When your words came, I ate them; they were my joy and my heart’s delight. Jeremiah 15:16
Early in his fifty-year ministry in Cambridge, England, Charles Simeon (1759–1836) met a neighboring pastor, Henry Venn, and his daughters. After the visit, the daughters remarked how harsh and self-assertive the young man seemed. In response, Venn asked his daughters to pick a peach from the trees. When they wondered why their father would want the unripe fruit, he responded, “Well, my dears, it is green now, and we must wait; but a little more sun, and a few more showers, and the peach will be ripe and sweet. So it is with Mr. Simeon.”
Over the years Simeon did soften through God’s transforming grace. One reason was his commitment to read the Bible and pray every day. A friend who stayed with him for a few months witnessed this practice and remarked, “Here was the secret of his great grace and spiritual strength.”
Simeon in his daily time with God followed the practice of the prophet Jeremiah, who faithfully listened for God’s words. Jeremiah depended on them so much that he said, “When your words came, I ate them.” He mulled and chewed over God’s words, which were his “joy” and “heart’s delight” (Jeremiah 15:16).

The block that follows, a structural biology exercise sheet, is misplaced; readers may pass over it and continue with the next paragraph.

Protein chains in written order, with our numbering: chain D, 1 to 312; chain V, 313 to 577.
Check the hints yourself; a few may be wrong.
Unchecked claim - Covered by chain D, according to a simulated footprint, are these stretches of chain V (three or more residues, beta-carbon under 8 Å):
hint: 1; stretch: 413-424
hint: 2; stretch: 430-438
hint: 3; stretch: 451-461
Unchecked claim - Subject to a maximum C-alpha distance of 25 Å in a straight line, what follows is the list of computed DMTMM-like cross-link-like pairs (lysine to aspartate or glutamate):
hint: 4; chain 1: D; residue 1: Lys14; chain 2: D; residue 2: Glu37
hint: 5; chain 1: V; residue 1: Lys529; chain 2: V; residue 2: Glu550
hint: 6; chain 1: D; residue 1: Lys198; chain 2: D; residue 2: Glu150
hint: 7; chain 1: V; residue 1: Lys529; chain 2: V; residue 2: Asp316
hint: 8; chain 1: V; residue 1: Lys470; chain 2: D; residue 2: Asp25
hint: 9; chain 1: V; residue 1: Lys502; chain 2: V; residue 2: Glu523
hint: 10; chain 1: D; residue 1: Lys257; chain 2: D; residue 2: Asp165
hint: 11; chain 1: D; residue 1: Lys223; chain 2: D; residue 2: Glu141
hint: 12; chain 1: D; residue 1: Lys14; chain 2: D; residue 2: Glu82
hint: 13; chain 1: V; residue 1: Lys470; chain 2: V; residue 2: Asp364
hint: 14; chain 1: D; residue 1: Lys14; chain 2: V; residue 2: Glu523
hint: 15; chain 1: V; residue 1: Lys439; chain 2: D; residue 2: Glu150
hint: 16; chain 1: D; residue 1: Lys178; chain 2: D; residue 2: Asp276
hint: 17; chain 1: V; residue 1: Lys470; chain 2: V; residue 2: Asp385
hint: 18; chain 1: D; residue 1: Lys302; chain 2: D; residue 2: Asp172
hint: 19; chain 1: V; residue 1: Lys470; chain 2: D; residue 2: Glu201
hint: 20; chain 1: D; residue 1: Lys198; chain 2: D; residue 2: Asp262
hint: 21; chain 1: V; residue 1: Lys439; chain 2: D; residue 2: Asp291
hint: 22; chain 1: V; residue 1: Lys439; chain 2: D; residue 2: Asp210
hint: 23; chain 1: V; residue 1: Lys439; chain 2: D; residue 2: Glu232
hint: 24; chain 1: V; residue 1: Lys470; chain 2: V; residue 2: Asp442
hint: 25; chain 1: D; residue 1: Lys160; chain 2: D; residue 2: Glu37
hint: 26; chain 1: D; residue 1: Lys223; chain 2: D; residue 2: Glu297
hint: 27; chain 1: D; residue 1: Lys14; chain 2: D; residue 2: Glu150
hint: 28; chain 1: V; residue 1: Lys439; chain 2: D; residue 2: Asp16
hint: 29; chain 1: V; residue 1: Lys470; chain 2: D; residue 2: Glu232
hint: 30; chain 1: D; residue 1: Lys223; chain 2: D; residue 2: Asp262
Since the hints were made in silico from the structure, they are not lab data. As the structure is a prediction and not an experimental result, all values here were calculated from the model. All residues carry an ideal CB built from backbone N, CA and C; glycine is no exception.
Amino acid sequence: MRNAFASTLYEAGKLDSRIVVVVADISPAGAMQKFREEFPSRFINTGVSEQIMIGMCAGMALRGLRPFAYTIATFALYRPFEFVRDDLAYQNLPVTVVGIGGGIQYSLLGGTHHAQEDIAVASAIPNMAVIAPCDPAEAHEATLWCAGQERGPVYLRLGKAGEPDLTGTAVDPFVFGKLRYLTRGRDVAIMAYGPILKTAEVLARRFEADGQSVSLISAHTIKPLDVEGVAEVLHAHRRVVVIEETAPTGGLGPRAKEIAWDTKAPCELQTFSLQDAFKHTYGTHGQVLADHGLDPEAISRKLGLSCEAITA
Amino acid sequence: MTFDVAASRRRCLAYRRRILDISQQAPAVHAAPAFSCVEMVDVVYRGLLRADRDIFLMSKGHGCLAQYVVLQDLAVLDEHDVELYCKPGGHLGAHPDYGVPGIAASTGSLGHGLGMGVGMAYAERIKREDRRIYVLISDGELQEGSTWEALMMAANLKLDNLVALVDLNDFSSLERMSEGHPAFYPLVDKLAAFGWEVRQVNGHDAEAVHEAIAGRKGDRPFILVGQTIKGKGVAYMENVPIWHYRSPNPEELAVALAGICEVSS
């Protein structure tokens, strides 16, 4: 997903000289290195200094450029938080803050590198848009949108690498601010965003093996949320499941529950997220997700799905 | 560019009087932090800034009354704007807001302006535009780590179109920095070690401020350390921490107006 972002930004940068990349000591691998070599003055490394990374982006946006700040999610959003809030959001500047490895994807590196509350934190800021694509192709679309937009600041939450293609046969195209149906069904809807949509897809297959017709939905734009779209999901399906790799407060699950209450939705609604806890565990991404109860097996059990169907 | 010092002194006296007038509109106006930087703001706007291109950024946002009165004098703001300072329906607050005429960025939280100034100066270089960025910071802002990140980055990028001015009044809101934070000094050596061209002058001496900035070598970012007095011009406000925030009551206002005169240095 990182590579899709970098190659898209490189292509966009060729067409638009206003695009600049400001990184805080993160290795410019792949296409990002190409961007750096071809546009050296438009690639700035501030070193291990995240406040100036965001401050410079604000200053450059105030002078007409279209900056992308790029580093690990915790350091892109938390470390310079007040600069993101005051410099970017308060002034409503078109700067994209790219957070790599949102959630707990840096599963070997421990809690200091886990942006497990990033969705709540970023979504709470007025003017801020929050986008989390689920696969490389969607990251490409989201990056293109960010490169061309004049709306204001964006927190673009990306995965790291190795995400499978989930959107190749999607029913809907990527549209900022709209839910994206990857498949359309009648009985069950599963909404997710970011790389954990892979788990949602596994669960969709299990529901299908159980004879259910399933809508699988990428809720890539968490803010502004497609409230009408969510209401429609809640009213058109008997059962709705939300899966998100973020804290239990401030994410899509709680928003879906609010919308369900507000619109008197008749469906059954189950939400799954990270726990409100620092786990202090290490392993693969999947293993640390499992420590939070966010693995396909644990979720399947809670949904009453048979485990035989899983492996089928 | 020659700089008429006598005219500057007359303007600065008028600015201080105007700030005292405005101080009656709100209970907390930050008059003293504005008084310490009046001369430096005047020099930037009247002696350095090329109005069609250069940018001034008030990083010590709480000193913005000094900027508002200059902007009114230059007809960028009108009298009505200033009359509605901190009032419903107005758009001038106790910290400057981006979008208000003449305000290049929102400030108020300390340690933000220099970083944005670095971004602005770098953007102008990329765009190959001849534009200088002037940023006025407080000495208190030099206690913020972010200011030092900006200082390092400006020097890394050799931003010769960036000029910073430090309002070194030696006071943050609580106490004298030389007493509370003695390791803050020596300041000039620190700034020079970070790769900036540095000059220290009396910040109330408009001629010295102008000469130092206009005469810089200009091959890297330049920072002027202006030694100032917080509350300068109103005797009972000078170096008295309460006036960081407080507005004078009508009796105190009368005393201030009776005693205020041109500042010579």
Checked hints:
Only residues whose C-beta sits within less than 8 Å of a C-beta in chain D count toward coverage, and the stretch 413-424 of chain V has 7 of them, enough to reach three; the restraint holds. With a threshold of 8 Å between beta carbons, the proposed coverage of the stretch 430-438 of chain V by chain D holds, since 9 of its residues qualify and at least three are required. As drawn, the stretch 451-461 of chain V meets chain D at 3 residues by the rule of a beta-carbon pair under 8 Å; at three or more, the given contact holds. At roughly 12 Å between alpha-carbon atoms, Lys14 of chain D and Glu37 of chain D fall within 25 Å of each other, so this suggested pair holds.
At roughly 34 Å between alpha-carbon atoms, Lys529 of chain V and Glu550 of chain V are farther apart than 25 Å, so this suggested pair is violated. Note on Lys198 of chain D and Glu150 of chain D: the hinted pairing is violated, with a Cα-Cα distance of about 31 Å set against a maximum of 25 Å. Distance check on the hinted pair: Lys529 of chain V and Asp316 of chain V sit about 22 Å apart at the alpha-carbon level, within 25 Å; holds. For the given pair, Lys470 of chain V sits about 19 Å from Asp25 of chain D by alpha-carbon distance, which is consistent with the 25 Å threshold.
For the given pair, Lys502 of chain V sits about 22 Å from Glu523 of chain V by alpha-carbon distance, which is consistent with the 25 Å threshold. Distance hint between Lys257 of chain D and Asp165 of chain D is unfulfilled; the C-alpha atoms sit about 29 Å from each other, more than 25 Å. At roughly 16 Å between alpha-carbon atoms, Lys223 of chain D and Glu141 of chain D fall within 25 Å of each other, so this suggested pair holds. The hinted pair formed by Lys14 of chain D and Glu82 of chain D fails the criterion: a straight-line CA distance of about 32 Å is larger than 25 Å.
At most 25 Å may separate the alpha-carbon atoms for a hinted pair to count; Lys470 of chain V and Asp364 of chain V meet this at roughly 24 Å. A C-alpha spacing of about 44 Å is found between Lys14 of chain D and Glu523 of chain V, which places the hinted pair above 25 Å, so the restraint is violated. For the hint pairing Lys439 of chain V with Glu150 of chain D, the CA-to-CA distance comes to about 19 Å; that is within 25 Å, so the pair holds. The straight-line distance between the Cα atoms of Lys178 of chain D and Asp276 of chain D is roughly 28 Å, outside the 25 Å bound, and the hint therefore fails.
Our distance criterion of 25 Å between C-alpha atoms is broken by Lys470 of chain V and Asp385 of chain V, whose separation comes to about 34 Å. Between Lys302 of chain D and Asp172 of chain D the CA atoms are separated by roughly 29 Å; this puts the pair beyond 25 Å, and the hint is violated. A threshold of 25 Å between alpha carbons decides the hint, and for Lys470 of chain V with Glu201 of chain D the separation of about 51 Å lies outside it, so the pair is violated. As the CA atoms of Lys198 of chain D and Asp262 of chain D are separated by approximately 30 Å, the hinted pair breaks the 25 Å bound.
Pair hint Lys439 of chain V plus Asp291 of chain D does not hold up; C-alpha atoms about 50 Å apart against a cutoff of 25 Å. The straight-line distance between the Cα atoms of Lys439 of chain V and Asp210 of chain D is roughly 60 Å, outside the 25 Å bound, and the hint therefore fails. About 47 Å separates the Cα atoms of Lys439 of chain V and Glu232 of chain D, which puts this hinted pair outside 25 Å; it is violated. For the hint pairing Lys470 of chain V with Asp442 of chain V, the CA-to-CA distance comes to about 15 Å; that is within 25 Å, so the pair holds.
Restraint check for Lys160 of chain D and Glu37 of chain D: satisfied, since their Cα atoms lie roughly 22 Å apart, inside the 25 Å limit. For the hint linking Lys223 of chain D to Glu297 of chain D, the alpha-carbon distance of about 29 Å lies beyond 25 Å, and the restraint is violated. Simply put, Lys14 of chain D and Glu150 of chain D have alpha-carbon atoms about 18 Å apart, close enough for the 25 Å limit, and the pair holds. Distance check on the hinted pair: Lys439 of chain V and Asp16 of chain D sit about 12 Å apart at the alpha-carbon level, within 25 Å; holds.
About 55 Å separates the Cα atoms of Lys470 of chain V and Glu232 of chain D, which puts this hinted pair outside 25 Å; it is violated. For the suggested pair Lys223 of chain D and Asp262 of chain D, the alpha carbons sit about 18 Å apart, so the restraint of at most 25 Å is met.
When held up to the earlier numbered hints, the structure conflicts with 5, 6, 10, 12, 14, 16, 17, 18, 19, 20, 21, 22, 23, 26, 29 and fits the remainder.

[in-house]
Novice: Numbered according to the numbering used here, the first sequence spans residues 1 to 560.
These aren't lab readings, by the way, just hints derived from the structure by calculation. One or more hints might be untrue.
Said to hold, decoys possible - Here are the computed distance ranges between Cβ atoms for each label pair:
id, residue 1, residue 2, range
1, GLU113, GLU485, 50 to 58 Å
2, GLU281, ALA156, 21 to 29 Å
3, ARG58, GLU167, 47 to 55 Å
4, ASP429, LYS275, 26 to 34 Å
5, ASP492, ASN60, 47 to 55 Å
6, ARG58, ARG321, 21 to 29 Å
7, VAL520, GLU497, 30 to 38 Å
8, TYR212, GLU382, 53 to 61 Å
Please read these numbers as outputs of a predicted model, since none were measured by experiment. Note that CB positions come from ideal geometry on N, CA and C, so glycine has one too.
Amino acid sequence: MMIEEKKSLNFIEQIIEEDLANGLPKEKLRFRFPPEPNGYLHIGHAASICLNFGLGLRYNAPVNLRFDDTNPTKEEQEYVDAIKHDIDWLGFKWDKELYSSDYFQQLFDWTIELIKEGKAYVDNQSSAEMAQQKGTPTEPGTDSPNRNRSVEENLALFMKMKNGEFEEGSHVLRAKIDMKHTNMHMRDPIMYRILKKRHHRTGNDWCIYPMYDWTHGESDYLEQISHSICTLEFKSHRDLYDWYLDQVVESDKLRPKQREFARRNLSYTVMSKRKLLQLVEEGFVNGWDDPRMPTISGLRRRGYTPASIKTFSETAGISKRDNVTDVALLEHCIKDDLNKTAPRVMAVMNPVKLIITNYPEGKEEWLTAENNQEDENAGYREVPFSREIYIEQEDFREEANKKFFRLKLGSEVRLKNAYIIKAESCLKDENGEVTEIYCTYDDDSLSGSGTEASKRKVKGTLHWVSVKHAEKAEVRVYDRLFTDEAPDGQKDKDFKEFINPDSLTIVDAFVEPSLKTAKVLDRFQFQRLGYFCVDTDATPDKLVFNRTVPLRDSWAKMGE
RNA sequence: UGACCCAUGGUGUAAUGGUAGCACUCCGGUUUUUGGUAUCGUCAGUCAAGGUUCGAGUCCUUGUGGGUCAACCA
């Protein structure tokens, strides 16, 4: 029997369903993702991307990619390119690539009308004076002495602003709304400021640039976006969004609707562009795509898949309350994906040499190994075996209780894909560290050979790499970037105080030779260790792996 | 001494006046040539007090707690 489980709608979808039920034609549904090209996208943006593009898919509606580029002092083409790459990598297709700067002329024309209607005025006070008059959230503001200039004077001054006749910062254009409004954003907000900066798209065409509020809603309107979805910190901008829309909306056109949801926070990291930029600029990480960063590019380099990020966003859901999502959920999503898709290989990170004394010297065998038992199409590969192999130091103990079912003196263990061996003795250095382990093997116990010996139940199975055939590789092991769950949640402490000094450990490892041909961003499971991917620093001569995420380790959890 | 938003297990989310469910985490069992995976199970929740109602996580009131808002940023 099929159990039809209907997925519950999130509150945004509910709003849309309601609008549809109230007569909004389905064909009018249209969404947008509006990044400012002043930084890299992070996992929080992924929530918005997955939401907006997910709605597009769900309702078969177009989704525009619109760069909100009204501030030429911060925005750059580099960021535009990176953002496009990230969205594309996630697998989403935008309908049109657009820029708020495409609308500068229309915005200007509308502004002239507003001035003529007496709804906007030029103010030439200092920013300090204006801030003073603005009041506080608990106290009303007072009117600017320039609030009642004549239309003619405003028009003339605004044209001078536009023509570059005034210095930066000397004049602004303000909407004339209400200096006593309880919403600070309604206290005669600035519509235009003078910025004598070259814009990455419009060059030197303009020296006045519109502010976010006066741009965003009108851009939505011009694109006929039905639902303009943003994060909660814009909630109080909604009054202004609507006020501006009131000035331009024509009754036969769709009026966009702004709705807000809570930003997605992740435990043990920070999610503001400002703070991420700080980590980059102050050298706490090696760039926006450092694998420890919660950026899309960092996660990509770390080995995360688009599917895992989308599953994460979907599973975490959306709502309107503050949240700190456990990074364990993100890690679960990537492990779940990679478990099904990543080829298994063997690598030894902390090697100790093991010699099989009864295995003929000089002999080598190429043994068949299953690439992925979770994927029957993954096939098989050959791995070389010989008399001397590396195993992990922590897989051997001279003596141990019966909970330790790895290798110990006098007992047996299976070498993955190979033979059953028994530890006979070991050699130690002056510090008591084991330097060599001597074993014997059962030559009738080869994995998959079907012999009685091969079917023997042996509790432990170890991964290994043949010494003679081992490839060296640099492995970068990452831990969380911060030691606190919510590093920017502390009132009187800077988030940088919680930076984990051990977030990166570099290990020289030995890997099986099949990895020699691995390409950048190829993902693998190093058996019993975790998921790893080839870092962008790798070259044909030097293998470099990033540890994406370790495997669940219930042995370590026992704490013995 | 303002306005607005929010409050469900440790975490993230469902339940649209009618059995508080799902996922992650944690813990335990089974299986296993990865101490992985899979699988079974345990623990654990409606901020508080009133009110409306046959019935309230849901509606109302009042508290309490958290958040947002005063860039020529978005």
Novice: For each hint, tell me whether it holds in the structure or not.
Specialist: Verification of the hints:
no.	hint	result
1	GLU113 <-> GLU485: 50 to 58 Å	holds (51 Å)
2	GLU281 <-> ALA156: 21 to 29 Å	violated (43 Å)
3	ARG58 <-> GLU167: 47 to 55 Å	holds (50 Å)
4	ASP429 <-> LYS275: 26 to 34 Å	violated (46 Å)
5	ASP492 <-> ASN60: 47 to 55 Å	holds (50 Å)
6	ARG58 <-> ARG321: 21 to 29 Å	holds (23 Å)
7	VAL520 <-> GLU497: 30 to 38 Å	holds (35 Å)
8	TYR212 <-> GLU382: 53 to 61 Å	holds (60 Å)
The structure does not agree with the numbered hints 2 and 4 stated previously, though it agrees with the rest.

If we too resemble a sour green fruit, we can trust that God will help to soften us through His Spirit as we get to know Him through reading and obeying the Scriptures.
How has reading the Bible changed you? Why might you sometimes not read it?
God, the Scriptures feed me and protect me from sin. Help me to read them every day.
In Jeremiah 15:15–18, several metaphors vividly capture Jeremiah’s experience of his calling as a prophet. In verse 16, he uses the metaphor of eating to capture the idea of fully embracing and internalizing God’s words. Some scholars suggest that to “bear [God’s] name” in this context may allude to the shared name that results from marriage. In addition, the words joy and delight elsewhere in Jeremiah are always connected with wedding festivities (7:34; 16:9; 25:10; 33:11).
In Jeremiah 15:18, the prophet uses the metaphor of streambeds or wadis to capture his bewilderment at the stark contrast between his initial intimacy with God and his current anguish. Such streambeds in the summertime were often dried up and therefore unreliable sources of water. In this way, Jeremiah vividly captures a feeling of deep betrayal at experiencing God in this way, rather than as the everlasting “spring of living water” He’d described Himself as (2:13).
To learn more about how the geography of the Holy Land enhances our understanding of the Bible, visit ChristianUniversity.org/NT110.